Be warned: There is barely a glimmer of hope or affirmation in “The Notebook,” an unnerving Hungarian drama about the dreadful experiences of a set of twins at the end of World War II. It’s a nightmare fairy tale that can be very difficult to watch.
The characters have no names, and the structure is simple: a sequence of events that grow more chilling, as the central figures become increasingly dehumanized.
The story begins deceptively in a comfortable urban home, as the parents of the 13-year-olds (András and László Gyémánt), fearing for the boys’ safety, send them to live on their grandmother’s distant farm. The old lady (Piroska Molnár) is a nasty, booze-addled piece of work, contemptuous of the boys’ beloved mother (Gyöngyvér Bognár) and abusive toward the twins — she beats them, locks them out of the house and forces them to work hard for meager rations.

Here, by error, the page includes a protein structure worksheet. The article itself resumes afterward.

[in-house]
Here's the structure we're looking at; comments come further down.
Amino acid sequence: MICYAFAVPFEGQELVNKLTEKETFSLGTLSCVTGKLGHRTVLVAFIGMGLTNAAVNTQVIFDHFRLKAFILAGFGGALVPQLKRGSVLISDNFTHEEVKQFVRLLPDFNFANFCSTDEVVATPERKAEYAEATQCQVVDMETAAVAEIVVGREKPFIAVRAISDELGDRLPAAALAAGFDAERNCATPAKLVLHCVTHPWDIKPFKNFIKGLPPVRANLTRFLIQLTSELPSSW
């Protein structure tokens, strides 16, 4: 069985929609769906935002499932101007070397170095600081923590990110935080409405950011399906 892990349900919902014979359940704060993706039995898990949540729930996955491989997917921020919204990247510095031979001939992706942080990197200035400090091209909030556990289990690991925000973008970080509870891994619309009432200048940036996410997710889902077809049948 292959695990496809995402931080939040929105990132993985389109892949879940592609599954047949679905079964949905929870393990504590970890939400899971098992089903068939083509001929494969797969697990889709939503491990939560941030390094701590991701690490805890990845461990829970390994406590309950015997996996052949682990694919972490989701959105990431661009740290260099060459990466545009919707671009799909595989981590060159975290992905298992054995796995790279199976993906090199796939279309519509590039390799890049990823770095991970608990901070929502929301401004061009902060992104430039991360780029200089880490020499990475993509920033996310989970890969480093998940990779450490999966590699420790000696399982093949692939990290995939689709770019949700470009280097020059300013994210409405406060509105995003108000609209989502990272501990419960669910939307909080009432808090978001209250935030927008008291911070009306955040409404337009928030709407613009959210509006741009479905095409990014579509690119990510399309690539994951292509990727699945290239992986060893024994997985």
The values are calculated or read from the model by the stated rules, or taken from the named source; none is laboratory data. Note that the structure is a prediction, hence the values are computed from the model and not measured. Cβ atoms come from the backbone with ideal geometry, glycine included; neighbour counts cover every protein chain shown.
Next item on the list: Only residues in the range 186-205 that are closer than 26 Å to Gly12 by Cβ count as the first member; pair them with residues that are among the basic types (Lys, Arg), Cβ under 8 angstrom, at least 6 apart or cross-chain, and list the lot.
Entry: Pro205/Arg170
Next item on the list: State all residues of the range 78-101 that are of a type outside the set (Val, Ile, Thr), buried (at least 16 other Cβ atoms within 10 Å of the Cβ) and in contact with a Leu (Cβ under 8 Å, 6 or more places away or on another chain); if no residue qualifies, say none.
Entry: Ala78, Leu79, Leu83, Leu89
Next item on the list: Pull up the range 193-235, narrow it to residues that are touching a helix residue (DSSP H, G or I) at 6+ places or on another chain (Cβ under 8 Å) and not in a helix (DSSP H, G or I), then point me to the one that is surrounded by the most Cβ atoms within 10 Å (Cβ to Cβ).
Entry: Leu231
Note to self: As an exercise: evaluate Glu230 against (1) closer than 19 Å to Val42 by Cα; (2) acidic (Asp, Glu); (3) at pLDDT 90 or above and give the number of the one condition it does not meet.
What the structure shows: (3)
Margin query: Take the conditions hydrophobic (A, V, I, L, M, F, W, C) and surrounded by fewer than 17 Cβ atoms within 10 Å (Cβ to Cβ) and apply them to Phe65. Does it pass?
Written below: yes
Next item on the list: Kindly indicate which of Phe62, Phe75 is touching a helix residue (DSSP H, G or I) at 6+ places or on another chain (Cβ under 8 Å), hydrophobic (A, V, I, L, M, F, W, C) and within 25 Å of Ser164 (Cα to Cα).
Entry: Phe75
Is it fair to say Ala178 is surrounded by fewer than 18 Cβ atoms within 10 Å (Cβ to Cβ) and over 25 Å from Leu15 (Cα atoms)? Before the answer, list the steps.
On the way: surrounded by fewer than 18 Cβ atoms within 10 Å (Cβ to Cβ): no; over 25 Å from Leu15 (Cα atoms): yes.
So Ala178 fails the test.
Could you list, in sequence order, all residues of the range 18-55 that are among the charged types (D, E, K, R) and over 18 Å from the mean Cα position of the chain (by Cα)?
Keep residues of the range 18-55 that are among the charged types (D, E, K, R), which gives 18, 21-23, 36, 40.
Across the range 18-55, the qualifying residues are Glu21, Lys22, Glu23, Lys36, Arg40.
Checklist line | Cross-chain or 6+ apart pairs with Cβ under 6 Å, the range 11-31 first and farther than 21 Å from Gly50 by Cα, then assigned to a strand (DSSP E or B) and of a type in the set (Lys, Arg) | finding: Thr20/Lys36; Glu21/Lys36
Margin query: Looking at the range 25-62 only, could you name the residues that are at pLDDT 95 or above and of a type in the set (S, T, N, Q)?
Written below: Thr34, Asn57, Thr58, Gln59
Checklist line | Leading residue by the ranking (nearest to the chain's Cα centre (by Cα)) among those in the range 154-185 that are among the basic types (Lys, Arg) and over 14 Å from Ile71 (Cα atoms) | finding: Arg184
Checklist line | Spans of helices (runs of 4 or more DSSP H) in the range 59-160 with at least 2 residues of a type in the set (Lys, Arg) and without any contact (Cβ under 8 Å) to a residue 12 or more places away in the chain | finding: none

The boys console themselves by reading the Bible, and, following an earlier suggestion of their soldier father, record their experiences in a notebook. Responding to the absurdity and cruelty of wartime in a place where the villagers seem little better than the German occupiers, the twins undertake a harrowing regimen.
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To survive, they decide, they need to exterminate any traces of softness and sentiment: They beat each other with their fists, cut themselves with knives, burn their mother’s letters, starve themselves for days, no flinching or whimpering allowed. It’s heartbreaking to watch the transition as their moral compass goes badly awry.
They descend into the kind of savagery that surrounds them.
There’s one flicker of goodness here, as the boys are befriended by a Jewish shopkeeper, but this plot thread does not end well — just as the oncoming Russian troops hardly prove to be liberators.
By the end, you may feel exhausted by the parade of horrors. But veteran Hungarian director János Szász has the courage of his convictions, refusing to provide breathing room or false optimism. Neither has a place in a parable of innocence destroyed — and destroyed with the connivance of those who were, initially, victims.